It’s not going to get less risky, though — there’s a reason why insurance companies (almost) never trade at these kinds of valuations, and it’s mostly just that they are in the business of judging and taking risk, and sometimes they get surprised.  Kinsale is doing incredibly well, but we shouldn’t assume they are perfect — something could dramatically upset their underwriting and make it clear that they wildly mispriced a risk, and there could be a point where they lose quite a bit of money.  Hasn’t happened yet, and they shouldn’t have a lot of long-tail risk compared to some insurers (who have reserves to cover policies they wrote decades ago, in some cases, as risk perceptions change or new liabilities appear), but while I have accepted that Kinsale clearly has built an edge, and can be valued like a growth stock, I also keep my allocation somewhat limited because there is the looming risk that something surprising could upset their black box risk calculations… and, of course, the risk that investors will change their mind after a bad quarter, and decide Kinsale doesn’t deserve to trade at a huge premium to the other E&S underwriters.  This strong quarter brings Kinsale almost back to those all-time highs they hit back in October, just over $450.

I pencil in 25X forward earnings as my “preferred buy” level for Kinsale, and 40X trailing earnings as the “max buy”.  With $13.20 now in the books for 2023, that would be a “max buy” of $528 — that seems ambitious, but it’s likely to be OK as long as Kinsale can keep growing revenue and earnings by at least 20% a year, which is my baseline expectation… and that’s also about where the stock is trading at the moment, after the 20% post-earnings pop in the share price (revenue growth has been well above that 20% growth level for all but two or three quarters since they went public in mid-2016,… earnings growth has been more volatile but has averaged much more than 20%, both revenue and earnings per share have grown at a compound average rate of 37% since that IPO, almost eight years ago).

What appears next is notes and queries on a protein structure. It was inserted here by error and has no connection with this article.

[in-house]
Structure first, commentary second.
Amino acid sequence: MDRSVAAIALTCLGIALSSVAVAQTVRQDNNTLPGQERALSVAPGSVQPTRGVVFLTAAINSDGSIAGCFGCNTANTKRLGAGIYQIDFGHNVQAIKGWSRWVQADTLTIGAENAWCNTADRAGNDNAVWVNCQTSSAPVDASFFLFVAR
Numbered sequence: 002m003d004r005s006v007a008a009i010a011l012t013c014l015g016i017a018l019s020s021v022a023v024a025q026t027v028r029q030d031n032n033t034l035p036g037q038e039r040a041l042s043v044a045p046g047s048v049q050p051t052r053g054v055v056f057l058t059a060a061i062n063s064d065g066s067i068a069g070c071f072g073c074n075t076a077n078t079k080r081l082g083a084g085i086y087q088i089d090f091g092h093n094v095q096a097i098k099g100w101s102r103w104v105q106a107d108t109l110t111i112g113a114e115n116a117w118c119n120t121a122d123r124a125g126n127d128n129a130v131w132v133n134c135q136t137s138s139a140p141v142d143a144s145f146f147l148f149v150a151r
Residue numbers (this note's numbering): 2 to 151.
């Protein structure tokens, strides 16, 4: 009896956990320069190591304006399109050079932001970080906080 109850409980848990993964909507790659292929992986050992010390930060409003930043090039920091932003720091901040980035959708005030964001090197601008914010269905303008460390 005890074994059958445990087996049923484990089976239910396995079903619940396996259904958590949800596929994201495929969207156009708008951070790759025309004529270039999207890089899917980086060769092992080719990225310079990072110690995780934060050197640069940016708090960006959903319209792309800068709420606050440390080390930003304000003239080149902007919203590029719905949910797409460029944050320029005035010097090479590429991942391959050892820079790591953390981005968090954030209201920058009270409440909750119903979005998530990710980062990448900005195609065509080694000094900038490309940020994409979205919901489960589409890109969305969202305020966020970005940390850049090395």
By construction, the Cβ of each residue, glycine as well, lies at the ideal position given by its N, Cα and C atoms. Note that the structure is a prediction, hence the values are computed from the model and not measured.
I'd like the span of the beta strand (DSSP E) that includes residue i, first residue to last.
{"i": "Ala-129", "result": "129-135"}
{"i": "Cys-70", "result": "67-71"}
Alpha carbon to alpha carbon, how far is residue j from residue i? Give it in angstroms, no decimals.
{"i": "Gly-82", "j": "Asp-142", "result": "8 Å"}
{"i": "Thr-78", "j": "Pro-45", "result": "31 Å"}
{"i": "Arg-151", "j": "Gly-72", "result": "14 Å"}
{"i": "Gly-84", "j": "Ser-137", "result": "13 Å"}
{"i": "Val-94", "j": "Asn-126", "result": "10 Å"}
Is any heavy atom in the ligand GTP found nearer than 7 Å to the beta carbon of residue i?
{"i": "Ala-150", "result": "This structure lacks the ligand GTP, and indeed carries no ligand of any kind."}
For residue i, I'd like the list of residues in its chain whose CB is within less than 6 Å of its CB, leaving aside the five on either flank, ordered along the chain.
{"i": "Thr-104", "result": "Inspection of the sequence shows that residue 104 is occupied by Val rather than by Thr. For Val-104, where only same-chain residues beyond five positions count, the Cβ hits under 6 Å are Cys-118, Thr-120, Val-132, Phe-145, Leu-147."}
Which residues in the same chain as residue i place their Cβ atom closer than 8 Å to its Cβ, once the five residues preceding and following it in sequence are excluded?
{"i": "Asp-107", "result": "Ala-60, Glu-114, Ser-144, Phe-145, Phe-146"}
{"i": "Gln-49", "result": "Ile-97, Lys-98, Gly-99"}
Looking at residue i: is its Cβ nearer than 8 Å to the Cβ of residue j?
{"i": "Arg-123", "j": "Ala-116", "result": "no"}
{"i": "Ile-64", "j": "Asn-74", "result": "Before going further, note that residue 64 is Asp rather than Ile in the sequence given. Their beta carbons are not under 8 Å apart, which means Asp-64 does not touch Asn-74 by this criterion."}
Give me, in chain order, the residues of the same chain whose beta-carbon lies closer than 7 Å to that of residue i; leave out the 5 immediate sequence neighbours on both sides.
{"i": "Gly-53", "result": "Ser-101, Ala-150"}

My “preferred buy” level settles in at $360 now, which is also roughly where the shares were trading six weeks ago, and pretty close to my last buy in the $340s.  I imagine things will continue to be volatile, and the inherent risk of their business, which shouldn’t be able to grow this fast forever and could, at this kind of valuation, bring a 50% overnight drop in the share price if they’ve made a critical underwriting error somewhere and report a terrible quarter someday, means I’ll continue to cap my exposure here to about a half-position (roughly 2% of my equity capital), but Kinsale has steadily been earning this kind of valuation so I’m at least happy to let it ride, and will likely continue to nibble if prices stay in my range as I add more capital to the portfolio.  The risk of a terrible outcome fades as they continue to execute so well, and as the Excess & Surplus Lines market continues to be perfectly set up for them to take share, but I don’t want to become too complacent in assuming that will forever be the case in the future.  I’ve drunk the Kinsale Kool-Ade, and I’m loving it… but I can at least tell the bartender to hold off after half a cup.